The acutely brief brief from editor Tisshaw arrived in August. “Christmas tree road trip, v2.0. Different car, different tree, different route. Will leave you to sort.”
Last year’s festive foliage was delivered from a hillside in Argyll to the Autocar office in Twickenham atop Aston Martin’s athletic bruiser of a GT, the DB11 V12, which devoured its task as does a local council woodchipper on the 13th day of Christmas. Choosing a different route would be easy, and a different tree was a given because 2017’s might well have become pages of Autocar magazine.
But what could trump the Aston? This time, off-road skills would be helpful so we could source our tree from a wilder spot, and 2018 had delivered some fascinating new high-riding, all-paw contenders: Urus, Cullinan, new G63 and I-Pace, to name a few. Ultimately, the choice was simple, and it didn’t hail from Sant’Agata, Goodwood, Affalterbach or Whitley, but from Kosai, Shizuoka Prefecture, which has produced a budget car to draw more affection than any of those pricey and aspirational machines. Yes, our hero’s name is Jimny.
The fourth generation of Suzuki’s min pin of a 4x4 has united motoring journos in lustfulness more than would the prospect of a complimentary branded fleece. It’s a genuine performer on the rough stuff and brings enough visual charm and value for money for most to overlook its inevitable on-road compromises. But how would it fare over more than 500 miles of mud, rock and Tarmac – and with its own length in Christmas tree strapped to its roof?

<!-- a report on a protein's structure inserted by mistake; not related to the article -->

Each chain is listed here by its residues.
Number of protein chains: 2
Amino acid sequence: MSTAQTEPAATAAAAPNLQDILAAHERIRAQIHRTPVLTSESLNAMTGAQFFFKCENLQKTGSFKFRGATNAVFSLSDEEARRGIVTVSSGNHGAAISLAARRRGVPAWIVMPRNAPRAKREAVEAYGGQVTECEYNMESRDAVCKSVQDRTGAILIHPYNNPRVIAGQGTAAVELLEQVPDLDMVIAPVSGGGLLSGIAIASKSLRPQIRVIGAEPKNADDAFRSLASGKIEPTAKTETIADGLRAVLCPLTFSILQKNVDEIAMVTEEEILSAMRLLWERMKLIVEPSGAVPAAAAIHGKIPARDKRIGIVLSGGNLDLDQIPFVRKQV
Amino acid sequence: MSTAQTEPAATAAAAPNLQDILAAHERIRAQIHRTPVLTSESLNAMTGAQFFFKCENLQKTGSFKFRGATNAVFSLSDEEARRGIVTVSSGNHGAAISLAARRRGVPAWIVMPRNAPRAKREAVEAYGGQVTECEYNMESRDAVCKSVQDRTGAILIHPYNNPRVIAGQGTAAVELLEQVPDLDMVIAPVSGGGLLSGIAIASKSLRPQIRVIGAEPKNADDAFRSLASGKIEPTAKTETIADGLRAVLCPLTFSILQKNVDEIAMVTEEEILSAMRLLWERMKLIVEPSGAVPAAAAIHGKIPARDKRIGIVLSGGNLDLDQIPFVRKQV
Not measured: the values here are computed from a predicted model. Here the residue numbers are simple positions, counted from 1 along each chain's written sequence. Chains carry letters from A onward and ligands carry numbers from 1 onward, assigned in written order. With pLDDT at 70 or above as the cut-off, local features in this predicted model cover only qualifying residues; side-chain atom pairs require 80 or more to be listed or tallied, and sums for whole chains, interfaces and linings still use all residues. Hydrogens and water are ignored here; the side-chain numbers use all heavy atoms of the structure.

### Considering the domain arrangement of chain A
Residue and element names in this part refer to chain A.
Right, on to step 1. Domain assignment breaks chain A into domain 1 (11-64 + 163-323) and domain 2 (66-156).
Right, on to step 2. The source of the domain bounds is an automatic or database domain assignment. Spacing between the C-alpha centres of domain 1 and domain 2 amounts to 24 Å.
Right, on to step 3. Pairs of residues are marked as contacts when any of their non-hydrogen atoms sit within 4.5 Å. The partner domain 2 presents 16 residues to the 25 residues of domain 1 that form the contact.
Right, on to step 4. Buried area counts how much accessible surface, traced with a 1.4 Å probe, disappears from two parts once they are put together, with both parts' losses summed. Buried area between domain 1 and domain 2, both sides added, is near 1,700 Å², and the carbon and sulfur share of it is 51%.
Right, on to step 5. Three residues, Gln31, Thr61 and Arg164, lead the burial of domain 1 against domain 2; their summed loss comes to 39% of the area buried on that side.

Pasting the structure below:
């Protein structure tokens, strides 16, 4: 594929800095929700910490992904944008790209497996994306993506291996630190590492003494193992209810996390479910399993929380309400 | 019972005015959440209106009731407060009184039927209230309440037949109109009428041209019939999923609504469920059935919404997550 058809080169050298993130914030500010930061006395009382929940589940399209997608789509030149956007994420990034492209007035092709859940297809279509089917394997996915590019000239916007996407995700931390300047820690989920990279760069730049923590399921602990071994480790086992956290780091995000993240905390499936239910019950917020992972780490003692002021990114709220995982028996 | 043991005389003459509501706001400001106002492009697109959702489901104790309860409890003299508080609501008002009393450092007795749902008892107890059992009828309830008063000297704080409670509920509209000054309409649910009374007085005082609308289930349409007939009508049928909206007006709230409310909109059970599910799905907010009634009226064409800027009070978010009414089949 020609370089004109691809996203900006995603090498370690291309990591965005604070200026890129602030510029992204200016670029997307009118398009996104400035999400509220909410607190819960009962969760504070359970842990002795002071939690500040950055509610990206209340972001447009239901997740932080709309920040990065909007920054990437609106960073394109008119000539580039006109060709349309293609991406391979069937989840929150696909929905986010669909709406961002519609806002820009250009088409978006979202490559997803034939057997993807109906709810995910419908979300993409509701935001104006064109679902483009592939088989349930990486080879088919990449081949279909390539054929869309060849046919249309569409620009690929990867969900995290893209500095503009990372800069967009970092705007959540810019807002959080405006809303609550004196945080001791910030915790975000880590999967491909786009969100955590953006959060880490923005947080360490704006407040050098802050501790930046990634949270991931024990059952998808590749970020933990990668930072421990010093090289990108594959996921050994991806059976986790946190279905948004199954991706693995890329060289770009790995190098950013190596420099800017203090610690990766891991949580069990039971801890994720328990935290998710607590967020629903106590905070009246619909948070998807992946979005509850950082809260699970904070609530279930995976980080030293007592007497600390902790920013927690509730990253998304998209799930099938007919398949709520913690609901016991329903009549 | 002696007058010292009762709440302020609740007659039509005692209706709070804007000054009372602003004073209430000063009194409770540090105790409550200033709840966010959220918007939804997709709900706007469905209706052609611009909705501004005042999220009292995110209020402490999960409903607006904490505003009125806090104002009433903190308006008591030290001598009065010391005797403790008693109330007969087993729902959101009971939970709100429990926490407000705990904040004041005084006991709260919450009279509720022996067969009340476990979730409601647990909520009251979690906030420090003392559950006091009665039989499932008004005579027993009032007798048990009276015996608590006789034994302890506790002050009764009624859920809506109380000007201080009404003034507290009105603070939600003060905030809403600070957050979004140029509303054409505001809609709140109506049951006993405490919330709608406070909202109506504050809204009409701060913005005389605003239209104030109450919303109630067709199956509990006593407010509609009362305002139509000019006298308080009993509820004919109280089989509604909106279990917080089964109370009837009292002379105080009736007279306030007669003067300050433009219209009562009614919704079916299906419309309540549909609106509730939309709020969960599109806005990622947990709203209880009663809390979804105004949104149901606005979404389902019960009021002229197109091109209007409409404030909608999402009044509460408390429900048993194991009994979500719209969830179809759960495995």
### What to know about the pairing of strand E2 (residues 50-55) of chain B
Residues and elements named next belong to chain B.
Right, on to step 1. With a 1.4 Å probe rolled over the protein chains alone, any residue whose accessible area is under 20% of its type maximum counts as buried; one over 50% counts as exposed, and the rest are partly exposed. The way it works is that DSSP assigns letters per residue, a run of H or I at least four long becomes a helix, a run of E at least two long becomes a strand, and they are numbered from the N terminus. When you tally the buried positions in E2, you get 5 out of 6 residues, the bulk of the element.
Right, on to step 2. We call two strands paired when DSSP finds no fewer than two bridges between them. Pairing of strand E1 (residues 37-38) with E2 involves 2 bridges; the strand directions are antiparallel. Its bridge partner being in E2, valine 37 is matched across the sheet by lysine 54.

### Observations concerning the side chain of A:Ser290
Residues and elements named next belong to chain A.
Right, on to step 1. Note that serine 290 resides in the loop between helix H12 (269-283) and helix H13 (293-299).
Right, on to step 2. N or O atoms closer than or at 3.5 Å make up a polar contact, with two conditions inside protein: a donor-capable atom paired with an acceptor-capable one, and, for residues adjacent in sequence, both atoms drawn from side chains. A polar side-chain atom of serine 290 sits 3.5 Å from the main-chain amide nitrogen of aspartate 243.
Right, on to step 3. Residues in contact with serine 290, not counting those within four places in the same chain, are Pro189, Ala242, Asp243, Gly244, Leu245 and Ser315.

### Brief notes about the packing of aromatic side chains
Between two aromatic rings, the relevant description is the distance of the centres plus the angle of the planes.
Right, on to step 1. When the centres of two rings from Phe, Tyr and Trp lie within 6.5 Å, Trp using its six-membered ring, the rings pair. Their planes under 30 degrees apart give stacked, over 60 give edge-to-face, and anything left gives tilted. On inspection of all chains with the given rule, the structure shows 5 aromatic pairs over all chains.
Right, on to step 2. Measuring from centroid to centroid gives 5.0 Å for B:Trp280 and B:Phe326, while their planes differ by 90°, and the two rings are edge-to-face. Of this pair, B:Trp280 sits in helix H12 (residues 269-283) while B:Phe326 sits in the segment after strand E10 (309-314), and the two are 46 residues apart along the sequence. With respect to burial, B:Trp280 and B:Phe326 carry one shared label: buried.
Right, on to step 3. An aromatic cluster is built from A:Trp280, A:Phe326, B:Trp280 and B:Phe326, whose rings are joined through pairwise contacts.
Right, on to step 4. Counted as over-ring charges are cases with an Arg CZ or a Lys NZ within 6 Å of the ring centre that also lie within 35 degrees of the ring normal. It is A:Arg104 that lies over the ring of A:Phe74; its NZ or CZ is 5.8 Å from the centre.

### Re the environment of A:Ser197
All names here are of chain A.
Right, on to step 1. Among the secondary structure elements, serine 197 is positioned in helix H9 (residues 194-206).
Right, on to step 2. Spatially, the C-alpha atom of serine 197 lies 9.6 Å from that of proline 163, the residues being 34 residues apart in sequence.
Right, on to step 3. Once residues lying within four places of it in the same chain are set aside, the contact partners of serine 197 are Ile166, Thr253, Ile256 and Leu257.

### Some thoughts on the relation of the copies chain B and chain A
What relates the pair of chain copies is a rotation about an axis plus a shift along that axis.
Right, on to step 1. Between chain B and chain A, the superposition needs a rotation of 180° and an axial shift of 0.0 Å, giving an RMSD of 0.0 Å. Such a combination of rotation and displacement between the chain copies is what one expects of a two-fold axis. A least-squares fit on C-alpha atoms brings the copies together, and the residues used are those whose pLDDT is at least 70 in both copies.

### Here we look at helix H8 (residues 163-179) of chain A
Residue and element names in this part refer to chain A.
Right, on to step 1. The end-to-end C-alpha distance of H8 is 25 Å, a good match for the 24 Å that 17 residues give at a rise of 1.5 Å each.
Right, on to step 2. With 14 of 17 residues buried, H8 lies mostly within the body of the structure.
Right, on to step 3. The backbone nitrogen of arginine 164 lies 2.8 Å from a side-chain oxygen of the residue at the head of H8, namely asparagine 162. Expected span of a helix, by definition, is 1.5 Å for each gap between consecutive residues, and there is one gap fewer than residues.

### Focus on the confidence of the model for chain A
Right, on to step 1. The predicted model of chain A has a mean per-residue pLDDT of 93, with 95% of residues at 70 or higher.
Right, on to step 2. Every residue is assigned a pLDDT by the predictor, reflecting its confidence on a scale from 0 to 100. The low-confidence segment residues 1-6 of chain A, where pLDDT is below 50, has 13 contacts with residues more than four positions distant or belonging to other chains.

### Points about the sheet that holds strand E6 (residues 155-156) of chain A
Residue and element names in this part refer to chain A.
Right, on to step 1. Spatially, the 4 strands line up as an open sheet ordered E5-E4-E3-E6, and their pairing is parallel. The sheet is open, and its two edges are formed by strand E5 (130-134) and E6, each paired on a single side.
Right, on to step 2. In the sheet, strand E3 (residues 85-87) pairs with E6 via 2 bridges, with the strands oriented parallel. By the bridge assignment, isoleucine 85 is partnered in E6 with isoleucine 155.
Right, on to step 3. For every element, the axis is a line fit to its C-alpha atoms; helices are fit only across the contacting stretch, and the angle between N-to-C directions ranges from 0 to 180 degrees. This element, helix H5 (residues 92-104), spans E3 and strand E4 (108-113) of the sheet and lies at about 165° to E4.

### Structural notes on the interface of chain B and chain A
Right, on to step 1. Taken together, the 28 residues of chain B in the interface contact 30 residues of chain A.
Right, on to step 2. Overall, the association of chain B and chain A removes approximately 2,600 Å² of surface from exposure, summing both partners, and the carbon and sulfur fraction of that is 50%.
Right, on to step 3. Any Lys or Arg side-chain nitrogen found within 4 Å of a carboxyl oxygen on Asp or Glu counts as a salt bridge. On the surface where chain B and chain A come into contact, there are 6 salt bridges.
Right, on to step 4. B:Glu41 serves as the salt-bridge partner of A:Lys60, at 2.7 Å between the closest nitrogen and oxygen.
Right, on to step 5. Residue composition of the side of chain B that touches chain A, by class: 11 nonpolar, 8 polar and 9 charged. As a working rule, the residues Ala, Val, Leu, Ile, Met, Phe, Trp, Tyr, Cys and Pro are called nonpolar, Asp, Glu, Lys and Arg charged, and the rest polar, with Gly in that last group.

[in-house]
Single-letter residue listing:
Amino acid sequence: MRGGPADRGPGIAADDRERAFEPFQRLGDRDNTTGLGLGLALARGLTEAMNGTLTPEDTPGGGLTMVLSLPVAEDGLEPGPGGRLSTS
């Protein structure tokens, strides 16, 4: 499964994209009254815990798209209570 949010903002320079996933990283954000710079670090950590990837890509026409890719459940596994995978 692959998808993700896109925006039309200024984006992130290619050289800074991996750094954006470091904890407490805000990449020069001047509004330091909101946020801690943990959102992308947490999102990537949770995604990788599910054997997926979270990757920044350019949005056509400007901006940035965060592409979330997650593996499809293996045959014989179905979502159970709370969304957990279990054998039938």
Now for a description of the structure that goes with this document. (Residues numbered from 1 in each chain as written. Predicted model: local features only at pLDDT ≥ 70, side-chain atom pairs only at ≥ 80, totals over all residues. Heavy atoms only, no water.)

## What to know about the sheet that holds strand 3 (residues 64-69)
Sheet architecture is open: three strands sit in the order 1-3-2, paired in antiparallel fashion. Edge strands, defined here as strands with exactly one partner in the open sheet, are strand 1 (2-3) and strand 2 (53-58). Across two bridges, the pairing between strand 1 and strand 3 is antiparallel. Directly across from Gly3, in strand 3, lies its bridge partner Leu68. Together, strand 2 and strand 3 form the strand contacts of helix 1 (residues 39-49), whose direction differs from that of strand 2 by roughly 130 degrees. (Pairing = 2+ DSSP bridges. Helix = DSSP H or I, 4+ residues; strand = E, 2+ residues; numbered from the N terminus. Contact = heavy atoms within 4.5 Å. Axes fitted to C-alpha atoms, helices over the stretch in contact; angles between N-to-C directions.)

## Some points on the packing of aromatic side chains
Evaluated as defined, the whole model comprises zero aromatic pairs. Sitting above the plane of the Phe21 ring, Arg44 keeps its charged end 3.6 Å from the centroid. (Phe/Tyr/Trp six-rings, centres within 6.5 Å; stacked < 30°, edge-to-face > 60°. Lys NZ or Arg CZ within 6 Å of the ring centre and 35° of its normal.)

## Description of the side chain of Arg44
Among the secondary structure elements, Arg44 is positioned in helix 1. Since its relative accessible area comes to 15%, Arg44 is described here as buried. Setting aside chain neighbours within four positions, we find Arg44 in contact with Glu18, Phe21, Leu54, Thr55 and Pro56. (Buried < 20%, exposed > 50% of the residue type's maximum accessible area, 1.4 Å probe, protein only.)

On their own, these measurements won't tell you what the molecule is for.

Cometh the hour, cometh the man named Ian. Owner of Highland All Terrain (see 4x4toursscotland.com), Ian Brown could not be better suited to kick-start our mission. He’s a former tree surgeon who now provides off-road training and tours across Scotland. Brown has offered to lead us into the wilds from his base at Kinloch Laggan in Cairngorms National Park in search of a seasonal shrub to carry south.
We follow his Land Rover Defender 110 off the blacktop and onto a potholed, gravelly track – our pairing a quadrate goose and gosling shuffling along between towering, ancient evergreens, mossy banks and bright orange pine straw. The greenery thins to reveal Loch Laggan and the snow-dusted Munros that surround it, and we engage four-wheel drive for the first time to recce a little beach by the loch.